Researchers from the Institut Pasteur de Montevideo and School of Medicina from Universidad de la República achieved a significant advance in the understanding of certain genetic mechanisms of trypanosomes – parasites that cause diseases such as Chagas and sleeping sickness – that can help identify pharmaceuticals aimed at blocking functions that allow it to survive or infect.
The research, published in Nature Microbiology, was coordinated by Carlos Robello, in charge of the Molecular Biology Unit of the IP Montevideo and professor of the Department of Biochemistry of School of Medicine, and was executed as part of Florencia Díaz Viraqué’s doctoral thesis, which was conducted in IP Montevideo.
Getting to know the parasites
Studied for decades because of their importance for human and animal health, it was believed that the genome of parasites of the trypanosome family, such as Trypanosoma brucei, Trypanosoma cruzi and Leishmania, functioned basically like any genome: that it contained the genetic information that was copied to RNA to produce the proteins necessary for life.
However, a few years ago, Robello’s group, together with researchers from the Science Faculty, discovered that the genome of Trypanosoma cruzi was “compartmentalized”: on the one hand, there were the genes necessary to carry out its biological functions, and on the other hand, there was another set of genes that guided the production of those substances (proteins), and allow the parasite to evade the immune response of a host organism. These genes form what was called the “disruptive compartment”.
Now, the work published in Nature Microbiology advances the knowledge about disruptive compartment and the rest of the genes, and found that there is close proximity between certain genes, which would allow them to be expressed (turned on or off) and to be able to generate diversity.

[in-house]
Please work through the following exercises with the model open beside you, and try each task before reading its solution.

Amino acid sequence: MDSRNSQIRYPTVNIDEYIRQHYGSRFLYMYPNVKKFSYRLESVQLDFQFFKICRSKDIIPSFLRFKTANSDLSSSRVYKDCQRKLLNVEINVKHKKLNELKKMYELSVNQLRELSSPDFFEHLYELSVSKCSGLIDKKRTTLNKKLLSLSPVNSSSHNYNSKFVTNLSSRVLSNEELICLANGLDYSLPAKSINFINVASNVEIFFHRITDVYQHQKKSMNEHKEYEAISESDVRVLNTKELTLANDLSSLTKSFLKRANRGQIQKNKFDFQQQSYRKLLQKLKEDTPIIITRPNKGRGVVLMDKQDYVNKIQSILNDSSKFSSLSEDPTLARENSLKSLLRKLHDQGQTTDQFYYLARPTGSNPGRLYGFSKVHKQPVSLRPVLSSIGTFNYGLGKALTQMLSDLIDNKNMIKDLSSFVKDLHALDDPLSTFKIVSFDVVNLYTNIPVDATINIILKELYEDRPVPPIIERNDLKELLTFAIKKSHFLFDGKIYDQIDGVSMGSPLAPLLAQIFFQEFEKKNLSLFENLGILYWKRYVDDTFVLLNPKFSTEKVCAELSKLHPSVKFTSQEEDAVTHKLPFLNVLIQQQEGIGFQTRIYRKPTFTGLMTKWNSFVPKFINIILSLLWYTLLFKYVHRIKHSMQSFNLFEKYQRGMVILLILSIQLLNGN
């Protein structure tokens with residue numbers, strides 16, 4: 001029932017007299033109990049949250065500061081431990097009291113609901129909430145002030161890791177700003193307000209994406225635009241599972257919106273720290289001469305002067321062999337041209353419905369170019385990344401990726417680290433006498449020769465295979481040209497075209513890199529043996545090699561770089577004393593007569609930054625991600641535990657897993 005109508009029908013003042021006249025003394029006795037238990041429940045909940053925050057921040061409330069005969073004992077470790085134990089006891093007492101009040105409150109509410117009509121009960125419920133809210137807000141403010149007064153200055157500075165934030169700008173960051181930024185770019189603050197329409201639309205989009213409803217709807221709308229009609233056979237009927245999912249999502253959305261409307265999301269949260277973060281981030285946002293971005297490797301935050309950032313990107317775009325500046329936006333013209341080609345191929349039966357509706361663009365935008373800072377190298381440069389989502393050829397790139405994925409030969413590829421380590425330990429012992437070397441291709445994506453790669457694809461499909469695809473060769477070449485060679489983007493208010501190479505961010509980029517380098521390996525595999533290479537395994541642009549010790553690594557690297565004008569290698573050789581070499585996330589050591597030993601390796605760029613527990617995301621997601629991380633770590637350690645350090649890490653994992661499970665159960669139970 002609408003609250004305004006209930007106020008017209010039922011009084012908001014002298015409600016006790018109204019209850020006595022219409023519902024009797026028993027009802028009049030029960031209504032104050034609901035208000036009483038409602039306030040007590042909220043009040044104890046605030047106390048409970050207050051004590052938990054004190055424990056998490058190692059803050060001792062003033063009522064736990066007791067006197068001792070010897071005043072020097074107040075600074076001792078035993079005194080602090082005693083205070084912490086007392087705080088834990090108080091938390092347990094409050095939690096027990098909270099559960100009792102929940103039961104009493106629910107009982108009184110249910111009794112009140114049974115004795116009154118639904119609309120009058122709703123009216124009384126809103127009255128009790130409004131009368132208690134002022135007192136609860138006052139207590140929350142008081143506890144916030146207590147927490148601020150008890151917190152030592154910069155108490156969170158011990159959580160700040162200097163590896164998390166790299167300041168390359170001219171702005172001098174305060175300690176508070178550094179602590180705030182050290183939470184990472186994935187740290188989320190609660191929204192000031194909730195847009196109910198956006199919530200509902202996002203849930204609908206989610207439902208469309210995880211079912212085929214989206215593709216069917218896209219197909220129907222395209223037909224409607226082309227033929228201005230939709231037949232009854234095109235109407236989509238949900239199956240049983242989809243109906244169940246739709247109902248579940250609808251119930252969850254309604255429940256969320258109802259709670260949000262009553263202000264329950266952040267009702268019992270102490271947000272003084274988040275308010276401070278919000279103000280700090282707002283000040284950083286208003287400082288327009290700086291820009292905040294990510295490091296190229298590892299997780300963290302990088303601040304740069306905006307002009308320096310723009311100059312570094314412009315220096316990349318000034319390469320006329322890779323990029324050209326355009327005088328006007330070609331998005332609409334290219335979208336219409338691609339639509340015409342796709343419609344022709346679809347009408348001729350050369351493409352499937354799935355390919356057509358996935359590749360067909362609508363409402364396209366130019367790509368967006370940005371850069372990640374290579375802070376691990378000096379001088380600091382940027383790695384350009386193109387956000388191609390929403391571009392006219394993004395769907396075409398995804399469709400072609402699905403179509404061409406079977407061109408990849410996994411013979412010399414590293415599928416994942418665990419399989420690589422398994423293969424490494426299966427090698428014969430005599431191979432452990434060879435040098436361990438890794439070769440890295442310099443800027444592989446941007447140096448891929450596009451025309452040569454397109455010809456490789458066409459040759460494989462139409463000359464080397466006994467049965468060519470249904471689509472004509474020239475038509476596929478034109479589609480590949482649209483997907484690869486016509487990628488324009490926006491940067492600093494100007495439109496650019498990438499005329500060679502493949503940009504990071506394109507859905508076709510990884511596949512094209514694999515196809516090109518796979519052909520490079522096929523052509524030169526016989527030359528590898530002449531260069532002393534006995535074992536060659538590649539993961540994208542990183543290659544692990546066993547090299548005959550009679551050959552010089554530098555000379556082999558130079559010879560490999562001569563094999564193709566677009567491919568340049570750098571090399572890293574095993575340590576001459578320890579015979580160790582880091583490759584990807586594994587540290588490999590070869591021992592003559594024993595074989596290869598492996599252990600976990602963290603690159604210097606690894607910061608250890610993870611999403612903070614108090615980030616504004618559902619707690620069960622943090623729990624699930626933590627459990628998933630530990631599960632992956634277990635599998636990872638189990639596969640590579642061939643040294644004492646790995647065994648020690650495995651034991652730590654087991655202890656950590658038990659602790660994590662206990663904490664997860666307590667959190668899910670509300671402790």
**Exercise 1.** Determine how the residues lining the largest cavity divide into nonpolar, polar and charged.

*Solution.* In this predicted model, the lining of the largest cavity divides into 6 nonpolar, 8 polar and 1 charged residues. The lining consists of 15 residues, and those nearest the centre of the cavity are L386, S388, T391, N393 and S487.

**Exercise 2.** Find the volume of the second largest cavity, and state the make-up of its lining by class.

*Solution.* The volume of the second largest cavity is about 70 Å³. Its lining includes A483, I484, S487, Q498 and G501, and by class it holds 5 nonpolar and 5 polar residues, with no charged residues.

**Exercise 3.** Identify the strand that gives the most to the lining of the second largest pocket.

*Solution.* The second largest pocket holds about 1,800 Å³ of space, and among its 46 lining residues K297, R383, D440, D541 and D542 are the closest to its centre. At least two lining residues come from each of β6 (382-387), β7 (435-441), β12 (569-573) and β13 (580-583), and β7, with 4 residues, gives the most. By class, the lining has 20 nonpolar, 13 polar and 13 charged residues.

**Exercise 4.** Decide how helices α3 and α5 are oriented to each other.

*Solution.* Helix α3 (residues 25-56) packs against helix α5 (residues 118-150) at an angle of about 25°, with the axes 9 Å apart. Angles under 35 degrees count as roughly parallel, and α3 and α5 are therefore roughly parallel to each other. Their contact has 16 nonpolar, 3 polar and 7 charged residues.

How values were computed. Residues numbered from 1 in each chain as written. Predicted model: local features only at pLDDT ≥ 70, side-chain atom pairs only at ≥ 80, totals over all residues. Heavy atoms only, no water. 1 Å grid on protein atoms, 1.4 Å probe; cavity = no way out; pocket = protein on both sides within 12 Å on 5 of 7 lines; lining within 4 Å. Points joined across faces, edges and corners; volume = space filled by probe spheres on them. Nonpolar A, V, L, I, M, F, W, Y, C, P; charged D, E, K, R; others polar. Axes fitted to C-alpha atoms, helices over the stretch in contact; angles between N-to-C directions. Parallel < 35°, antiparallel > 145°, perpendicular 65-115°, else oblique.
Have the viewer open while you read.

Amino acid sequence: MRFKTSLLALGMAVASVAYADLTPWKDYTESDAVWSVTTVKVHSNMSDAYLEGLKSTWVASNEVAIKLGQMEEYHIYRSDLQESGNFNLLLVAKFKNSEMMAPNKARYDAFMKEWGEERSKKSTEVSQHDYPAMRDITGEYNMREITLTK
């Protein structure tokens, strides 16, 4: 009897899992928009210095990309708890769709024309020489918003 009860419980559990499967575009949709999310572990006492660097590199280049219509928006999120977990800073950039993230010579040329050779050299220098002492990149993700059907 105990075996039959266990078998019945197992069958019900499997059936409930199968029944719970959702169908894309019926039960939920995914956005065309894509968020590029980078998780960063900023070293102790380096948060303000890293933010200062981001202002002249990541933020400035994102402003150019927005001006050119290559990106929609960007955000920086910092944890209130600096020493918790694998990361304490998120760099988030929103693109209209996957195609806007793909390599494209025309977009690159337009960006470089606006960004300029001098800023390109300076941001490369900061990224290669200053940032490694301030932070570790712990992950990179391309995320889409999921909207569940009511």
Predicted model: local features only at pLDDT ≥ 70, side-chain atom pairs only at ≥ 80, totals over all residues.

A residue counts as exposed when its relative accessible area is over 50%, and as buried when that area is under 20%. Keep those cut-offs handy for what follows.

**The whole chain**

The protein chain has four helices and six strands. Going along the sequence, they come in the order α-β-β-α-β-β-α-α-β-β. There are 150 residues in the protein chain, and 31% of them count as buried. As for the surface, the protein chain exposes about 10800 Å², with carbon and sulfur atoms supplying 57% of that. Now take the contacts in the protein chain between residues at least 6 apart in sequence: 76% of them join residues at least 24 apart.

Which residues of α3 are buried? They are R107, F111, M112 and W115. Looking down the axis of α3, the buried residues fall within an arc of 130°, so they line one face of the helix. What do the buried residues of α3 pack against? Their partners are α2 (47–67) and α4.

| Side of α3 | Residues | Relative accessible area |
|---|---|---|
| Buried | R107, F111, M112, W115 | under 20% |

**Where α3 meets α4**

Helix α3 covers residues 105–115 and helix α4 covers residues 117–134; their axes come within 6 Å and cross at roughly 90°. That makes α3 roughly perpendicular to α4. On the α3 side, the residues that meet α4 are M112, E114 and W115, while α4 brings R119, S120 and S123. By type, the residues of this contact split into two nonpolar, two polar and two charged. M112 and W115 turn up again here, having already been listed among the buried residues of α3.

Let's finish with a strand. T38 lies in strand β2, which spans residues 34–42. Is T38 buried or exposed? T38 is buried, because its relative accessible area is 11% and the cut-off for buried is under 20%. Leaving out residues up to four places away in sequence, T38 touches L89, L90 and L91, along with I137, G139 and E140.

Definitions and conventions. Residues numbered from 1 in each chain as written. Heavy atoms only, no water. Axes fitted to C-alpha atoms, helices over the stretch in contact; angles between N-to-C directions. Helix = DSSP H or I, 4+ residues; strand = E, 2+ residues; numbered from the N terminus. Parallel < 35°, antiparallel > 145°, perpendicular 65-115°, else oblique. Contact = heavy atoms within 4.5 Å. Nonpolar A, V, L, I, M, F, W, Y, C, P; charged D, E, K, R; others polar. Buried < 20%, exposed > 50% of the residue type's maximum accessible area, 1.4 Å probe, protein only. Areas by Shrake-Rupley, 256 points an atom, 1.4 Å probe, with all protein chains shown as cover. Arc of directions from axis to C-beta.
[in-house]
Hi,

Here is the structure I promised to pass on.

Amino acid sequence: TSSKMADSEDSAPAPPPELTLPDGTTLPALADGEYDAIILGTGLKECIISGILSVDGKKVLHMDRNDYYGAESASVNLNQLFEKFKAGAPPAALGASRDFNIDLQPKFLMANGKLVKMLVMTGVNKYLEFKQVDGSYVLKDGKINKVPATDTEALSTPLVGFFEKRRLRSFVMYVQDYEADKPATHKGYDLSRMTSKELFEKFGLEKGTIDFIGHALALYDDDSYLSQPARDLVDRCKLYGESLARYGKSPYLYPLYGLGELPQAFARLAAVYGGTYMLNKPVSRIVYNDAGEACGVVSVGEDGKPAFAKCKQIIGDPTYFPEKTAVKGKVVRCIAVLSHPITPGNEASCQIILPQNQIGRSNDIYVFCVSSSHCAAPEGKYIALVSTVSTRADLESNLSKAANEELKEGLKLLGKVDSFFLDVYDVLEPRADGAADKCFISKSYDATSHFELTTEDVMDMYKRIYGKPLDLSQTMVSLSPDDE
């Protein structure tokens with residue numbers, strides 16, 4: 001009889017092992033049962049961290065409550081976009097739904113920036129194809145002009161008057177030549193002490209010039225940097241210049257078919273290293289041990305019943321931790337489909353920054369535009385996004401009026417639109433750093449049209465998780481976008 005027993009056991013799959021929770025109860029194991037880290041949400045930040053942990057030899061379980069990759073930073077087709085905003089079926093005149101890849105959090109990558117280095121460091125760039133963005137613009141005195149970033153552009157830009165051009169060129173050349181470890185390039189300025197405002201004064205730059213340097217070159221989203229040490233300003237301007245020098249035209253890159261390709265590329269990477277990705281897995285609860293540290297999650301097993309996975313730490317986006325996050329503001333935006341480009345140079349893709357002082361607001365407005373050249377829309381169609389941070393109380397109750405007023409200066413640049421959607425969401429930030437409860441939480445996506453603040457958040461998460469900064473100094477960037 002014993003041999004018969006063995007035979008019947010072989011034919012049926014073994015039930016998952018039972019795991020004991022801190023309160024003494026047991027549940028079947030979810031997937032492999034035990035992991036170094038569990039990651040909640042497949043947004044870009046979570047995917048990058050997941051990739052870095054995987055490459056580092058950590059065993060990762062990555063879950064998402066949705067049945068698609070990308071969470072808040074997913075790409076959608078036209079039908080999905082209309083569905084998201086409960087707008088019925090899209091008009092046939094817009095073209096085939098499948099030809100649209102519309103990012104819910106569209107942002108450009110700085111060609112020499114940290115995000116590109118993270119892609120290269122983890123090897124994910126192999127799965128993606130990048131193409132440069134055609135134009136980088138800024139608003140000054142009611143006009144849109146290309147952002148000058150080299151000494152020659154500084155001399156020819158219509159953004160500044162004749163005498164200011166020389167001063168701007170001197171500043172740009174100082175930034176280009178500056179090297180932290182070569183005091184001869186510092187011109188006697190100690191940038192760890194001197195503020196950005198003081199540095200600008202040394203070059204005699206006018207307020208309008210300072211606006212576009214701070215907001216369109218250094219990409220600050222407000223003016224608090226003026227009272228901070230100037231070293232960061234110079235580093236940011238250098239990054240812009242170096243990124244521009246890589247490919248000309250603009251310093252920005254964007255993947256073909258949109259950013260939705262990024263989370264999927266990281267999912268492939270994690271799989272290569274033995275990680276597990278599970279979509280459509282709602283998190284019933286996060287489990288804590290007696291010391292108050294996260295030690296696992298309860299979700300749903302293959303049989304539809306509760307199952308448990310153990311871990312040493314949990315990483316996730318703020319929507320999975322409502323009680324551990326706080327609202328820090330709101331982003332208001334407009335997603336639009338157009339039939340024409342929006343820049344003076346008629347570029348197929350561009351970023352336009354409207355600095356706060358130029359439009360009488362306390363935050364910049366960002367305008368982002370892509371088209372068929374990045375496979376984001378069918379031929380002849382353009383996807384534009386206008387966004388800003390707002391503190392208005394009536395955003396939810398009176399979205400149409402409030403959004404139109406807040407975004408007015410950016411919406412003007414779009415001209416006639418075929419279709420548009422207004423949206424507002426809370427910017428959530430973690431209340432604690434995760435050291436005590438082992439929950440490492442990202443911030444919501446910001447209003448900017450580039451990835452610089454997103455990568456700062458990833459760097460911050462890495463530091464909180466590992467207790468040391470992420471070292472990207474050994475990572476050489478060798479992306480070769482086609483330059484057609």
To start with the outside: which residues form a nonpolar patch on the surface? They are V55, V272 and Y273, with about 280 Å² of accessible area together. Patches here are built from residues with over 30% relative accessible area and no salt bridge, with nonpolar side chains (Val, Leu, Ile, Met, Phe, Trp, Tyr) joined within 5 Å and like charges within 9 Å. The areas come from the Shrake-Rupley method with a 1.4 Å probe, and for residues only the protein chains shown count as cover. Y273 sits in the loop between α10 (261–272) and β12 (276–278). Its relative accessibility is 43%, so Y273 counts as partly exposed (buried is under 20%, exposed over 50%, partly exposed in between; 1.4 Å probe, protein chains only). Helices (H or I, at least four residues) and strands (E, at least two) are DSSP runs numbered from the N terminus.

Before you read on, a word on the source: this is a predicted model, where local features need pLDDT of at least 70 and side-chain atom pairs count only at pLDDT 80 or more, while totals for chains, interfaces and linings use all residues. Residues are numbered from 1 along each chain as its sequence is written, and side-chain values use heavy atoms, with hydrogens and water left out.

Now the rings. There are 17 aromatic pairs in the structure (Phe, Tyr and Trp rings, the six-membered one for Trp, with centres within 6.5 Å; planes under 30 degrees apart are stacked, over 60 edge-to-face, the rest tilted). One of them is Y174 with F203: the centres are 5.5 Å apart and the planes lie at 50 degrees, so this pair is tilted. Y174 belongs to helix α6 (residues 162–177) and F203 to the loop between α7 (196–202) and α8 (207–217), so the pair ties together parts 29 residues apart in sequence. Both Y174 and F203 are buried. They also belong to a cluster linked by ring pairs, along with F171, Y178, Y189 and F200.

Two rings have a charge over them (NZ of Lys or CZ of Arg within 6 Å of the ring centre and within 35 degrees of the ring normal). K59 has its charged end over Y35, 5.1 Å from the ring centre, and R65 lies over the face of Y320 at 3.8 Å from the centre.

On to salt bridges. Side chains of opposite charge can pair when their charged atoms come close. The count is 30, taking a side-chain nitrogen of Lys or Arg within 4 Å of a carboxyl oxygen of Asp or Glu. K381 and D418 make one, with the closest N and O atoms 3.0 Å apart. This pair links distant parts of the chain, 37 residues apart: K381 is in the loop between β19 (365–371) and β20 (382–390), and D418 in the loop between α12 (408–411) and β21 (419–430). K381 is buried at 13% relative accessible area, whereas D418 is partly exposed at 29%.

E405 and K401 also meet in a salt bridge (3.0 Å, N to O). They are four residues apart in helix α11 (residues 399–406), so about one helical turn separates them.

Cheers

The work started from a question: is there a relationship between gene organization in the genome and its three-dimensional distribution? With this in mind, the group studied the organization of the chromatin (DNA in cells is highly condensed, forming chromatin the highest degree of chromatin compaction are the chromosomes), discovering that both compartments form “loop” type discrete folding domains; the also found that genes within a loop are expressed, while those that are between two loops remain “off”. This constitutes a paradigm shift with respect to what was previously thought about gene expression in these parasites. In addition, the disruptive compartment has contact regions among chromosomes, which confirmed the working hypothesis.
But even more surprising was the discovery of epigenetic changes in these genome regions. Epigenetic changes are modifications in the DNA that do not affect their sequence, but they do affect their ability to flow genetic information.
The results of the work open up new research perspectives in both the chromatin organization, as well as in the regulation of chromatin expression and epigenetics of these parasites. In addition, these findings pave the way for continuing to study and develop new tools to combat these parasitosis.